Last updated: February 19. 2013 1:37PM - 1991 Views

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With close shaves and neatly trimmed hair, parted and slick with pomade, the well-dressed proprietors, employee, and customers of Loyalty Barber Shop & Shave Parlor (7 Kennedy Dr., Archbald) seem to have walked out of the 1930s and ‚??40s.


Their gauged ears and detailed tattoos from neck to toe, however, remind you that it‚??s still 2012.


The mix of cultures ‚?? traditional barber shops and modern ink ‚?? is a trend that co-owner Brian Nardella, 38, observed rising in Northeast Pennsylvania just a few years ago.


‚??My take on it all kind of stems from getting involved with a certain music scene, like a rockabilly type thing. I started buying old classic cars and going to shows. What I noticed at shows was almost everybody was wearing these very haircuts that we‚??re cutting today. That‚??s what really got me hooked on that,‚?Ě Nardella recalled.


‚??If you look at the music scene, you‚??ll even notice guys that used to have long hair are now shedding their long hair for these classic haircuts. I don‚??t know what the phenomenon is with it, but for a while barbers were dead. Nobody went to barbers. Kids will say, ‚??My grandfather goes to a barber.‚?? ‚?ĽThe mohawks are now turning into nice, parted haircuts.‚?Ě


‚??It used to be one of those things with the rockabilly, psychobilly, hot rod culture. Now, we‚??ve got lots of hardcore kids that come in here,‚?Ě co-owner Jim Simon, 33, continued. He noted that the connection between tattooing and barbering may have started when tattooing was banned in New York City because of a hepatitis outbreak decades back, forcing artists to work in secret in the back rooms of barber shops.


‚??It‚??s all coming full circle. They‚??re all going back to a ‚??30s style haircut that their grandfather or great grandfather used to have. We have countless tattoo artists that come in here that are loving the style.‚?Ě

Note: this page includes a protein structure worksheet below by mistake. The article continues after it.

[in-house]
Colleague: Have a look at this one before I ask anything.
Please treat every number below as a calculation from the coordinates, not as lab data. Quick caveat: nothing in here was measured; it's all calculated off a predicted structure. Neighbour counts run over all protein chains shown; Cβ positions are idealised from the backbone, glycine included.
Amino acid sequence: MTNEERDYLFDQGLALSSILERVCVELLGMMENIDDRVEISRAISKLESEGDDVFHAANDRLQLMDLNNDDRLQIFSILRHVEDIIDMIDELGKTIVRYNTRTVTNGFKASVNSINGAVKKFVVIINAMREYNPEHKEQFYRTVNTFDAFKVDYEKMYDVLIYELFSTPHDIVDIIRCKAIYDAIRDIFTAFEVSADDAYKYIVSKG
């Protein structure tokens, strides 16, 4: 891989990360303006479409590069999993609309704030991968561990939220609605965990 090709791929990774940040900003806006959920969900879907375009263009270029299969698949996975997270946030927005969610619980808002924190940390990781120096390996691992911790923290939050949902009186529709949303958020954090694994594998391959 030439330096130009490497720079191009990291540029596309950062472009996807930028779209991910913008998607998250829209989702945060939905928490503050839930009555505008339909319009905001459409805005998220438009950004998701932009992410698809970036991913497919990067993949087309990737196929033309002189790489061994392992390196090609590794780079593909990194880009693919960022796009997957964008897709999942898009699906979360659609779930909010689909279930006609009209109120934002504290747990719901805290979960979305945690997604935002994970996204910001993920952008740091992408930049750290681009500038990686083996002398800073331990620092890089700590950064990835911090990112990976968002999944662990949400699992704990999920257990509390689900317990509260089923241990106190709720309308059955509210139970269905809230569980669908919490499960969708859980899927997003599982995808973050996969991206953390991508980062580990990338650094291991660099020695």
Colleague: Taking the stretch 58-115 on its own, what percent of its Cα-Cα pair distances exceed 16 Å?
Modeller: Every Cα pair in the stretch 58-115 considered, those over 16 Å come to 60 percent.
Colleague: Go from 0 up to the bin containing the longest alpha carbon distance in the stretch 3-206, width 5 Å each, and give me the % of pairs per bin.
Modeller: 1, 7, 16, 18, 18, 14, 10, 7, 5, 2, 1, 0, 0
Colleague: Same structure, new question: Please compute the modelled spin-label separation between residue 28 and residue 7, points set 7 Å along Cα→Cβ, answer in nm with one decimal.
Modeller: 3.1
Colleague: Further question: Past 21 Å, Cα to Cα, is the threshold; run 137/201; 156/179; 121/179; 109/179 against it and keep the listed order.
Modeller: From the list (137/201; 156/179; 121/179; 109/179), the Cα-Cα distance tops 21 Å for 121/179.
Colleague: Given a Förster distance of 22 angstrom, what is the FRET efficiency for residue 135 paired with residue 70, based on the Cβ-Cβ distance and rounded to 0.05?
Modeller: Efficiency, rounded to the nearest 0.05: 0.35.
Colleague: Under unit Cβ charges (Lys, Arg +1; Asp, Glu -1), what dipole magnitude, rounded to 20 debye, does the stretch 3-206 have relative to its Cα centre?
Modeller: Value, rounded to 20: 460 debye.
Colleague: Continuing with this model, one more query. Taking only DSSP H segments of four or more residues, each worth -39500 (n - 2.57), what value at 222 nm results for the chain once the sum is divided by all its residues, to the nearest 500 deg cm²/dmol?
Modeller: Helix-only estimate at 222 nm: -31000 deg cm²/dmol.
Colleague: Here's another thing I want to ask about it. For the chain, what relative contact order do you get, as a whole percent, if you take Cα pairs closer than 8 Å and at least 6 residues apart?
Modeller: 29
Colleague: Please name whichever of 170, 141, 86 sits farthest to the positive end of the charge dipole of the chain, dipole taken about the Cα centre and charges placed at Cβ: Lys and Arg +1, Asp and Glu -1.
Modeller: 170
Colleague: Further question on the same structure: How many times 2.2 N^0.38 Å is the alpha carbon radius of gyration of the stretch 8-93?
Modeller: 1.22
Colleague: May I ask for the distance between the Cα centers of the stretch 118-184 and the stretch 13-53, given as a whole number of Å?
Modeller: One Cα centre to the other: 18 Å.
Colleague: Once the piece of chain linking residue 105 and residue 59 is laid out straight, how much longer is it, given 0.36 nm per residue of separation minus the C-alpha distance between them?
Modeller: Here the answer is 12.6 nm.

Formerly Big Daddy‚??s, the shop was taken over, renovated, and reopened by Simon, Nardella, and co-owner Joe Siconolfi, 37, in January, its crimson walls covered with framed tattoo art and items from other local businesses. While the job perfectly fits the trio and their steady customer base, their career paths were not always so clear.


Siconolfi owned several businesses before Loyalty, Simon was a land surveyor for a civil engineering company and later worked in the gas industry, and Nardella tried careers in law enforcement and graphic design. Anthony Ranella, 33, who was hired at the shop seven months ago, was a union electrician.


Now their lives revolve around straight razor shaves, lather, bay rum, and hot towels, specializing in hard parts, whitewalls, pompadours, high and tights, slicked backs, flattops, and skin fades, among other styles. Siconolfi even developed his own pomade, Olde Anthracite, in two different scents.


‚??Basically, the way I viewed it is I can‚??t tattoo, I suck with my hands as far as mechanical abilities, and I can‚??t play an instrument, so to me, this was the next best way to touch every one of those things I enjoyed,‚?Ě Nardella emphasized.


More than a trim

‚??A haircut is a haircut is a haircut, but I think there‚??s a lot more involved than just the haircut. There are guys that get something as simple as a crew cut, which any one of us could do, but will specifically wait for me because they want to bulls--t about cars, or they‚??ll wait for Jim because they want to talk about tattoos or guns.‚?Ě